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Confronting Talent

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October 15, 2006

George Sanders, Guest Fiction Editor, on Young Writers Just Starting Out

One of the best things about teaching in an MFA program as good as the one we have at Syracuse is that you’re confronted with a seemingly endless stream of talented young people who are passionate about writing. Working with these writers is amazing, if only because it reminds the teacher of the many forms in which human brilliance can manifest itself.

With writers as good as the ones we get, you see that talent is only the beginning —the essential thing is having a talent for having talent. You have certain abilities, certain defects as a writer: how do you accommodate these? There are certain things you can’t seem to do—what form can you invent to circumvent these things? You have certain fears, obsessions, neuroses, patterns of thought and speech—can you let these into the work, accepting them as part of the wonder that is you, and accepting the wonder that is you as part of the greater wonder that is the world? Or do you lunge back to the shore, taking comfort in the conventional?

The essential thing is having a talent for having talent.

The young writer is called upon, in other words, through work and craft and persistence, to take the raw talent he or she has, and force it into some deep, dark corners. . . to try to wrest from “mere” talent a kind of iconic originality…to confront the parts of himself or herself that, in the early days of a career, one thinks can be ignored, or overcome, or hidden under a mattress somewhere.

But no. Turns out, everything must be used.

So it’s interesting to watch this process unfold. Some can do it, some can’t. Some are satisfied to be good, and others push through, into that scary space where the writer has to start claiming his or her defects as well as virtues, where the writer’s “personality” becomes the salient feature of the story, as reflected in style and form and language and content.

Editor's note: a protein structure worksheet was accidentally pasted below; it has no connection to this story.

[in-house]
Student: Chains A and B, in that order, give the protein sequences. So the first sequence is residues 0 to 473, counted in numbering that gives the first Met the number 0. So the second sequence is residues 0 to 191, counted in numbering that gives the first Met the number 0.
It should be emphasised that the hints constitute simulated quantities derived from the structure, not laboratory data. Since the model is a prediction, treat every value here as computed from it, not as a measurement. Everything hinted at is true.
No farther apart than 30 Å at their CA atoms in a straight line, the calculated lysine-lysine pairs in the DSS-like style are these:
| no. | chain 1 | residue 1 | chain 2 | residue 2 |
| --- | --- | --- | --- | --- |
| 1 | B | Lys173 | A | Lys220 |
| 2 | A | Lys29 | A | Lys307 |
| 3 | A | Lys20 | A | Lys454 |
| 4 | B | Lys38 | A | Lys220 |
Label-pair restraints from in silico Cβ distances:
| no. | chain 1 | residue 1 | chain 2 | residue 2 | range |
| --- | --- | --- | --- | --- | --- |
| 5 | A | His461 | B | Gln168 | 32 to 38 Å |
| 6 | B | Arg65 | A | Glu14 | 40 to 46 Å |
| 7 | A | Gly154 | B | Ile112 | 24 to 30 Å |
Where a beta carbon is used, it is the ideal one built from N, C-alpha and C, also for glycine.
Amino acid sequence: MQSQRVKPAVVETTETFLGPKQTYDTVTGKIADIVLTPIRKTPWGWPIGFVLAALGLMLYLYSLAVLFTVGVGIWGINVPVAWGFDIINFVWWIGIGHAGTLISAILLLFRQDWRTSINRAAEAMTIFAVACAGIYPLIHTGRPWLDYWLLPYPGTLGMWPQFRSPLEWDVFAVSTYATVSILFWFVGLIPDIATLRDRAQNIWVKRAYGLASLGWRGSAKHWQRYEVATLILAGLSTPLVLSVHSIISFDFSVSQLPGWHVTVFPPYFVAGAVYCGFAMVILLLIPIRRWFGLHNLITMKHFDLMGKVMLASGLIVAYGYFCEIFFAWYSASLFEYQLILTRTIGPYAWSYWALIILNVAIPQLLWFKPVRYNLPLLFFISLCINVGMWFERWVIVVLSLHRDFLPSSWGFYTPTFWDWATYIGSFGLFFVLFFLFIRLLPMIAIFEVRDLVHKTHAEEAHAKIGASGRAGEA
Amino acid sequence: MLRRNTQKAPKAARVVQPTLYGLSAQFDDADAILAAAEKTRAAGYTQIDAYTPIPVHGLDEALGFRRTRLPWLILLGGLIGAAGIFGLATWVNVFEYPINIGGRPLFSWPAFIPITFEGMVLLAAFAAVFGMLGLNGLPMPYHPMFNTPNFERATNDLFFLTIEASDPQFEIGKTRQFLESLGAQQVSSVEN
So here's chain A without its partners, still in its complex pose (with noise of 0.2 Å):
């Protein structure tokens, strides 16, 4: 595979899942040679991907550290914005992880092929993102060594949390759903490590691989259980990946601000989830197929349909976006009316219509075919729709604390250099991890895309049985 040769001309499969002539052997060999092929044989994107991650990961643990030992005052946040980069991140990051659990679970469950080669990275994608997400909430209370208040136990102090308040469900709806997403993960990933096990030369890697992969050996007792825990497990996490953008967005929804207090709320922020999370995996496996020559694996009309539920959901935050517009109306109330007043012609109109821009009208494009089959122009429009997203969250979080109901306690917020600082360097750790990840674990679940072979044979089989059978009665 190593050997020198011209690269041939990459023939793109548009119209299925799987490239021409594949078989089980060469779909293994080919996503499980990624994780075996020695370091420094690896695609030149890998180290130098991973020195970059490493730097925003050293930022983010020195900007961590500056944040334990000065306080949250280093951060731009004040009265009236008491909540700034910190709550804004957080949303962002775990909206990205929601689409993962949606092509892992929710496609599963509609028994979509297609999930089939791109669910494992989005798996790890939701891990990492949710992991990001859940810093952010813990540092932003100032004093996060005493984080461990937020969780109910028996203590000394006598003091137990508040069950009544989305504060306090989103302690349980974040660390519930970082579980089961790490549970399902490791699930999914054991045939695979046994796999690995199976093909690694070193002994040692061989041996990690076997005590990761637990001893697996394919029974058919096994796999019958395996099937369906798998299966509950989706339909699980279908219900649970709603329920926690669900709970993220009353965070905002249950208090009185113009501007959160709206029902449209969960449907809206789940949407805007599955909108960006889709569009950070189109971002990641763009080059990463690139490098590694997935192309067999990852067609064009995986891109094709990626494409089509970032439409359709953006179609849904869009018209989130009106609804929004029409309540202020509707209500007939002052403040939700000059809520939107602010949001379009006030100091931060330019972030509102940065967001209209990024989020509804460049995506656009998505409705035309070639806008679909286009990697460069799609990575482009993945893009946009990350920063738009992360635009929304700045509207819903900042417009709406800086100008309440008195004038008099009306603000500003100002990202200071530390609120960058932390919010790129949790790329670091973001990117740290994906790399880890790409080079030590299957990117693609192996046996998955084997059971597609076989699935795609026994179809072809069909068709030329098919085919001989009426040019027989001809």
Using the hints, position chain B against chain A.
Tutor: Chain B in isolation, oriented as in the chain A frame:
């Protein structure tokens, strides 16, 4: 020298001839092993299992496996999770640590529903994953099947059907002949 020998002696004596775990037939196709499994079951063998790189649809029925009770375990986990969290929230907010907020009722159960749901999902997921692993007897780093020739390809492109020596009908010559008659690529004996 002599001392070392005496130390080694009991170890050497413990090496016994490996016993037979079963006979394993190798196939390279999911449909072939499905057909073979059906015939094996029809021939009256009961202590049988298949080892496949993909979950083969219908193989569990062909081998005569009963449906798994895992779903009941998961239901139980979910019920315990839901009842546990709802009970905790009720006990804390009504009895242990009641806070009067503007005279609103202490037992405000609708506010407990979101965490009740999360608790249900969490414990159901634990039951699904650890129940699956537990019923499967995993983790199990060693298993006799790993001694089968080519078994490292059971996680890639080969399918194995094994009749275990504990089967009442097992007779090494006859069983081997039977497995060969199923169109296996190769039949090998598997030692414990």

The three writers represented here belong to this last and highest group – writers who, while they were at Syracuse, and since, have pushed themselves to achieve this enviable melding of self and art.

I’m very happy to be able to introduce these writers to you, and grateful to Guernica for the opportunity to do so.

After we accepted Adam Levin into our program, I got what I remember as a 25-page email from him. It was a kind of e-masterpiece, that presaged what we’d see from him during his time at Syracuse: manic, articulate, full of passion and self-effacing humor, courageous in its form, and very funny. Adam is a master of the comic/neurotic inner monologue, who uses this form (as in “Important Men”) to make an almost Beckettsian (if that is a word), surface, full of ennui and longing and righteousness-seeking. The main character in Adam’s work is often: Man, Thinking. And the stories show us the beauties and limitations of this activity. Reading Adam’s work always reminds me that, in fiction, form and velocity are not separable from moral power. A story is a voice talking to you, and the first order of business is to make that voice fast, clear, and undeniable. It’s also not bad, given the times we’re living in, if a story is dangerous, and makes you feel challenged and uncomfortable, and causes you to reexamine some basic assumptions. To me, Adam is a great example of someone who has learned to convert his personal attributes (Red Bull-level energy, great comedic timing, staccato thinking/ speaking skills) into his prose.